After two decades covering Mideast affairs for CNN, Senior Editor Octavia Nasr saw her career go poof with a tweet mourning the passing of Grand Ayatollah Mohammed Fadlallah, a Muslim cleric who died on Sunday after a lifetime spent endorsing suicide bombings against Israeli civilians and inspiring Hezbollah. But Fadlallah was also relatively progressive in some ways, issuing fatwas against "honor" killings and female circumcision. That's what Nasr liked about the guy, but the 140 character Twitter format is no friend to nuance: "Sad to hear of the passing of Sayyed Mohammed Hussein Fadlallah… One of Hezbollah’s giants I respect a lot."
The predictable uproar ensued, fueled by right-wing pundits who've become expert at convincing media outlets like CNN that its coverage is so biased against Israel that they ought to compensate by tacking right. (It's not a new game.) And so CNN tacked; yesterday the network fired Nasr, explaining in a memo that "at this point, we believe that her credibility in her position as senior editor for Middle Eastern affairs has been compromised going forward."
On Tuesday, Nasr had futilely tried to put out the fire, apologizing for her tweet and explaining, "It was an error of judgment for me to write such a simplistic comment and I'm sorry because it conveyed that I supported Fadlallah's life's work. That's not the case at all. Here's what I should have conveyed more fully: I used the words 'respect' and 'sad' because to me as a Middle Eastern woman, Fadlallah took a contrarian and pioneering stand among Shia clerics on woman's rights."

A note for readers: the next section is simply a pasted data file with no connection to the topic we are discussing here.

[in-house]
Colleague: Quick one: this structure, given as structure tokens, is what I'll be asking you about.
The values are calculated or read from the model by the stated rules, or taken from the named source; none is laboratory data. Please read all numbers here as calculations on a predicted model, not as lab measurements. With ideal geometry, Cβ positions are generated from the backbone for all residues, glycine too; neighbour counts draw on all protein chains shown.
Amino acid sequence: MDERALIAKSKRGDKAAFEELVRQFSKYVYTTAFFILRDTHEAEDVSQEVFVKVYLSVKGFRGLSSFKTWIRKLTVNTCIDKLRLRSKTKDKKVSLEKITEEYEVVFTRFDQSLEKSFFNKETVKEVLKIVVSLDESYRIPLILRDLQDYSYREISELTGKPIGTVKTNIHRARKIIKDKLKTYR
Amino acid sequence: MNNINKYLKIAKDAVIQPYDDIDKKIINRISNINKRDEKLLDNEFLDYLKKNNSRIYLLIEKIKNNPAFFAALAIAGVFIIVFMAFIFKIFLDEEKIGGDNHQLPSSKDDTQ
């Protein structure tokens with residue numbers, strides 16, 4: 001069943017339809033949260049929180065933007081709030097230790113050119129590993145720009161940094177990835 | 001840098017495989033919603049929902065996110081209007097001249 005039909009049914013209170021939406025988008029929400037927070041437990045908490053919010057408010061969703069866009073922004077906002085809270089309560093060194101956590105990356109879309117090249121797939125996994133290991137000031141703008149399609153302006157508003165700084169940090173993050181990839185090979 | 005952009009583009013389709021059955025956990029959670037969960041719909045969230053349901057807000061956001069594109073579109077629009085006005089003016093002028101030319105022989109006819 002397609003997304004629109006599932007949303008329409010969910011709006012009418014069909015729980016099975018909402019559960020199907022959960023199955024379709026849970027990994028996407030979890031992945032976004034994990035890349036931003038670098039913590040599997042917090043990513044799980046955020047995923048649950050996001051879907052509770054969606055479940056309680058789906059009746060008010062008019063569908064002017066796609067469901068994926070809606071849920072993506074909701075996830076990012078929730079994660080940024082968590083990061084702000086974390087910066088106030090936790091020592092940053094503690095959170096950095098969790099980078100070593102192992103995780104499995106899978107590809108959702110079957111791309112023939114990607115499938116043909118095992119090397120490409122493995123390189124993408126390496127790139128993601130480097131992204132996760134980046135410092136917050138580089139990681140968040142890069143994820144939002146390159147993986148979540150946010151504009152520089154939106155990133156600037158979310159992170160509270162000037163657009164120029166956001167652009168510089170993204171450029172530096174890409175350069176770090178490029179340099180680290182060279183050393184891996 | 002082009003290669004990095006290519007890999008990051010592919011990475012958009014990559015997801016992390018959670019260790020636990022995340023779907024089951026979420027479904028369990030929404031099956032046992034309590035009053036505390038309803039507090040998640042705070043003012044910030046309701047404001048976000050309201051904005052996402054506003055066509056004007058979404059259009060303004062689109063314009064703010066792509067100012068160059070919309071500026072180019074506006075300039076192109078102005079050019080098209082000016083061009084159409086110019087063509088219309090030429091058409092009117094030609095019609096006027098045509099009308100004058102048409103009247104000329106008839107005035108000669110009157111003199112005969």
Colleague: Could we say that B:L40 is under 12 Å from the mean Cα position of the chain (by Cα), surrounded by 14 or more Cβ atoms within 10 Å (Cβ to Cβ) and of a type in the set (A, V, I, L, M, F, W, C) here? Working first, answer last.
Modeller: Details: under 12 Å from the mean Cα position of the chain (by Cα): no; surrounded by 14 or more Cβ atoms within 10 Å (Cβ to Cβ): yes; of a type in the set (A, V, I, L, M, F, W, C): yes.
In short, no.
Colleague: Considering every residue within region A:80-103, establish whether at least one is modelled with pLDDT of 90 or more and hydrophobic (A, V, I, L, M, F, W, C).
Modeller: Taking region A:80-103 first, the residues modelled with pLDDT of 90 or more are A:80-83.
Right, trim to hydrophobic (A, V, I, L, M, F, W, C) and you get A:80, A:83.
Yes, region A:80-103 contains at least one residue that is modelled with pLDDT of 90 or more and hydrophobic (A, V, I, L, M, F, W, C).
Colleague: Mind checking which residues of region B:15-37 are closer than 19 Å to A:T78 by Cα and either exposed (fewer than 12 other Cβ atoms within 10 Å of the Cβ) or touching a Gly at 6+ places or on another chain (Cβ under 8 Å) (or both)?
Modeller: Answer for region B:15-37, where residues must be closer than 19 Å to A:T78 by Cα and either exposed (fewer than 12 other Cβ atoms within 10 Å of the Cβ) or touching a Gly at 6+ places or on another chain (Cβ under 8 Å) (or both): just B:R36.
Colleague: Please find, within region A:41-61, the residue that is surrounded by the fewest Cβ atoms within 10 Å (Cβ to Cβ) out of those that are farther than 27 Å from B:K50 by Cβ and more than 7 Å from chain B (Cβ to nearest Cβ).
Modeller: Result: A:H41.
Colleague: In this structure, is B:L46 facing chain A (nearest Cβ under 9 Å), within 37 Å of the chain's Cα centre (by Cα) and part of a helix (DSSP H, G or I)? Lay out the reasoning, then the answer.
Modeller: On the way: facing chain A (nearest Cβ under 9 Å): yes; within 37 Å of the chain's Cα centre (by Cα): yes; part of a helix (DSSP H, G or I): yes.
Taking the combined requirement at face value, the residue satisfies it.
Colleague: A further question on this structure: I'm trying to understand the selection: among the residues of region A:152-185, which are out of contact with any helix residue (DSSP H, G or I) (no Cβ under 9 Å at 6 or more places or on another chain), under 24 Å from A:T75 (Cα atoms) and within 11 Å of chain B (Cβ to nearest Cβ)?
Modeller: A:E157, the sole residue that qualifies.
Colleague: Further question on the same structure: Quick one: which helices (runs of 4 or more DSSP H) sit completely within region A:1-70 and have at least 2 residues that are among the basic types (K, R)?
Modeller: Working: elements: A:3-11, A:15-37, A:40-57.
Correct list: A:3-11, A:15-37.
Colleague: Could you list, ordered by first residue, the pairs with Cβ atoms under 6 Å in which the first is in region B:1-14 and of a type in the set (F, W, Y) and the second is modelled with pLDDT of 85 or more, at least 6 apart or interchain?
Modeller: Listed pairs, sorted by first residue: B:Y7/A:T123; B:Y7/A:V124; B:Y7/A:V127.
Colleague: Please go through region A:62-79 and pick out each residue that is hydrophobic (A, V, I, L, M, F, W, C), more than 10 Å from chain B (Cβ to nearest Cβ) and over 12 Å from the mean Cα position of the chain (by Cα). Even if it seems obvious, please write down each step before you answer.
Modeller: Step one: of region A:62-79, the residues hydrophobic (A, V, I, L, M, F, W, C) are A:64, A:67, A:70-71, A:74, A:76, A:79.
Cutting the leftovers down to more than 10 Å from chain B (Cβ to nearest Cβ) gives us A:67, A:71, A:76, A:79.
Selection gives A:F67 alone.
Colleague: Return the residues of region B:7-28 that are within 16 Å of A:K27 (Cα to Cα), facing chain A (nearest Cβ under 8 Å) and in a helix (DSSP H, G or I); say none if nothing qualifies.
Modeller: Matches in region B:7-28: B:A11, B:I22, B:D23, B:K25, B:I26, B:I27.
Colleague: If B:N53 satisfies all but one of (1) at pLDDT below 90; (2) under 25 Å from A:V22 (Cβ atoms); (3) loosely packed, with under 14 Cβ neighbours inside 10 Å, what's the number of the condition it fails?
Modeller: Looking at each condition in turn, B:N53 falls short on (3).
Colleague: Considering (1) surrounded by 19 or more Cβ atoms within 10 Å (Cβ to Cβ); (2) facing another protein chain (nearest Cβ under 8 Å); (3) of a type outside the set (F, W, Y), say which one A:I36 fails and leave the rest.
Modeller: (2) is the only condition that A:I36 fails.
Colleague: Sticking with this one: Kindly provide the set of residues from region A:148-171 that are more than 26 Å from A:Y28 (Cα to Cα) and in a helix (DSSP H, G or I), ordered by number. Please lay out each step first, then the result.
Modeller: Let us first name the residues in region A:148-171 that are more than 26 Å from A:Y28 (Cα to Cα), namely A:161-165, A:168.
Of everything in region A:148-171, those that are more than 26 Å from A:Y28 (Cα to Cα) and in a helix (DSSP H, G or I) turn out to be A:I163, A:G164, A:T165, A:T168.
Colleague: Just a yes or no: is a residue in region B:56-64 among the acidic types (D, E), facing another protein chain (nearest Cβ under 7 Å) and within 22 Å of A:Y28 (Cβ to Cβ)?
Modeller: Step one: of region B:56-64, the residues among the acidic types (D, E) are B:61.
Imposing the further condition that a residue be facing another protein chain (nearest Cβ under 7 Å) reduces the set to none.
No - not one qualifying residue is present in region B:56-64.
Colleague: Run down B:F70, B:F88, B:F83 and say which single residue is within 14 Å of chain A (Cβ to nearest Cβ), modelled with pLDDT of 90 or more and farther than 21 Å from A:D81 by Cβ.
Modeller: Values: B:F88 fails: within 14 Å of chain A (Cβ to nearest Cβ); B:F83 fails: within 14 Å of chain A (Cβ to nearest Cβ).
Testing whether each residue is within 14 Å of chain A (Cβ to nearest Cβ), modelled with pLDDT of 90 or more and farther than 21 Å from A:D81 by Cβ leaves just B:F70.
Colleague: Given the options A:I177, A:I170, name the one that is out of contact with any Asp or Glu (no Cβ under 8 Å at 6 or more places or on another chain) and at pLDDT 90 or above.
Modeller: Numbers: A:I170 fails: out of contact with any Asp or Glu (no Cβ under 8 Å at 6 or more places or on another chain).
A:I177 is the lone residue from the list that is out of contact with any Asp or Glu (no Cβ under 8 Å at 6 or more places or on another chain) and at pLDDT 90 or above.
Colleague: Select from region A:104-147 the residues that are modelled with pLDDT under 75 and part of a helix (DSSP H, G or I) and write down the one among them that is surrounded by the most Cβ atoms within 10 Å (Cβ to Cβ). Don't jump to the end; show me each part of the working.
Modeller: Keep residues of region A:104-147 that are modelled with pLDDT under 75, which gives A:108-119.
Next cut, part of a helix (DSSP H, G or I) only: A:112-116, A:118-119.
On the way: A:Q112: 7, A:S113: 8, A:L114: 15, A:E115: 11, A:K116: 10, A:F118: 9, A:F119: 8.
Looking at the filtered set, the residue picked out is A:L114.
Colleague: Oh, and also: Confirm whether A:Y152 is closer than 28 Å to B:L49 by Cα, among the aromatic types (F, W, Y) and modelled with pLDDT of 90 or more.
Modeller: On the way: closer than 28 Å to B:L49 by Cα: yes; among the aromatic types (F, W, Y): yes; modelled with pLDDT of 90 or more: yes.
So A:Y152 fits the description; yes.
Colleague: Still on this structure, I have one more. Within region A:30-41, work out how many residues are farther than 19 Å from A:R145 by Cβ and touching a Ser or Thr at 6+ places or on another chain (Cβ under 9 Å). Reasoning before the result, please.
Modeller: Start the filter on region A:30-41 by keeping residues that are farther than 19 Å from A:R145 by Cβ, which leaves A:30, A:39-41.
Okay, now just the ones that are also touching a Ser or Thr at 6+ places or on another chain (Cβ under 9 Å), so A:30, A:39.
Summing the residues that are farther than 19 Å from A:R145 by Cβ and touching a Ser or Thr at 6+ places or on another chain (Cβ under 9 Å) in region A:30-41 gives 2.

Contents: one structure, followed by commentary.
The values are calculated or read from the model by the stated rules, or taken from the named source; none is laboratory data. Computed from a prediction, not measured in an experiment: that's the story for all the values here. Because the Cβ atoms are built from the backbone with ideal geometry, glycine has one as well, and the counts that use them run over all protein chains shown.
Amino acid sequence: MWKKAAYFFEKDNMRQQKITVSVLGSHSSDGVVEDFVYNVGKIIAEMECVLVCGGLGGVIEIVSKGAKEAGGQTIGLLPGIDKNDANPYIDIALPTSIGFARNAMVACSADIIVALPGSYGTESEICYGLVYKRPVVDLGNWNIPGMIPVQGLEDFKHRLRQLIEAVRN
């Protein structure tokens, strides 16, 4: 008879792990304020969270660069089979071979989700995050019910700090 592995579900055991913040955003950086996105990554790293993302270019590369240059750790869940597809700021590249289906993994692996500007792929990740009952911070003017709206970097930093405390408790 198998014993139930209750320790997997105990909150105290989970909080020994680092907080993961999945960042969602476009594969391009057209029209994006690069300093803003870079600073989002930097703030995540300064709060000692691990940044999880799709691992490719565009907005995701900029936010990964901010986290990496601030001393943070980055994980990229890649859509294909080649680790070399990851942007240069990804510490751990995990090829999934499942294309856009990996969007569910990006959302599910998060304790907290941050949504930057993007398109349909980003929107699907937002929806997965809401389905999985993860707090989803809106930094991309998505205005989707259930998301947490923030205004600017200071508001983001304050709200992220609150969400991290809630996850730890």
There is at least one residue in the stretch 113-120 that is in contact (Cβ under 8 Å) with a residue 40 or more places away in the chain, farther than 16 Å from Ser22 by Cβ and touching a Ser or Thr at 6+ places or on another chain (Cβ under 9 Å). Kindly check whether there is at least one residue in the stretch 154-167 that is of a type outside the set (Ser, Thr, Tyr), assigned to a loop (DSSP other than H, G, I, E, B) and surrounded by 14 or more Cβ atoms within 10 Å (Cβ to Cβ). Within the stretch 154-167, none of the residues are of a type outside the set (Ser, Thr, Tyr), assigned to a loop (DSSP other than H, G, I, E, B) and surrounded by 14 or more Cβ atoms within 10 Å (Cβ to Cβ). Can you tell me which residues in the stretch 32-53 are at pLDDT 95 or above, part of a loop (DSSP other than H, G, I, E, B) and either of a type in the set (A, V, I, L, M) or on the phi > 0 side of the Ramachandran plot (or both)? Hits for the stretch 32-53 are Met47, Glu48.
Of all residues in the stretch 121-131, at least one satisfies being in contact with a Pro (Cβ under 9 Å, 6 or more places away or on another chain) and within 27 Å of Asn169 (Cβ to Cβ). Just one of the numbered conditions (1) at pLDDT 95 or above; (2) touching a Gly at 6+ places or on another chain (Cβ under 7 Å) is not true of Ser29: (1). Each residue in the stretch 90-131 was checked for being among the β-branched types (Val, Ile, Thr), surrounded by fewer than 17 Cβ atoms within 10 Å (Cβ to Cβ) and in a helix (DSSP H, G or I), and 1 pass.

David Carr, who reports for the Times and is a huge Twitter cheerleader, responded to the news thus: "as a journo who tweets, gotta say this trend toward career-ending posts is a might disturbing." The Atlantic Wire has a good roundup of all the reactions to Nasr's dismissal, which Brian Whitaker at The Guardian blames partially on CNN, because, "like most news organisations (including the Guardian), [CNN] has been encouraging its journalists to cross over into social media and establish a more personal and informal relationship with their viewers and readers."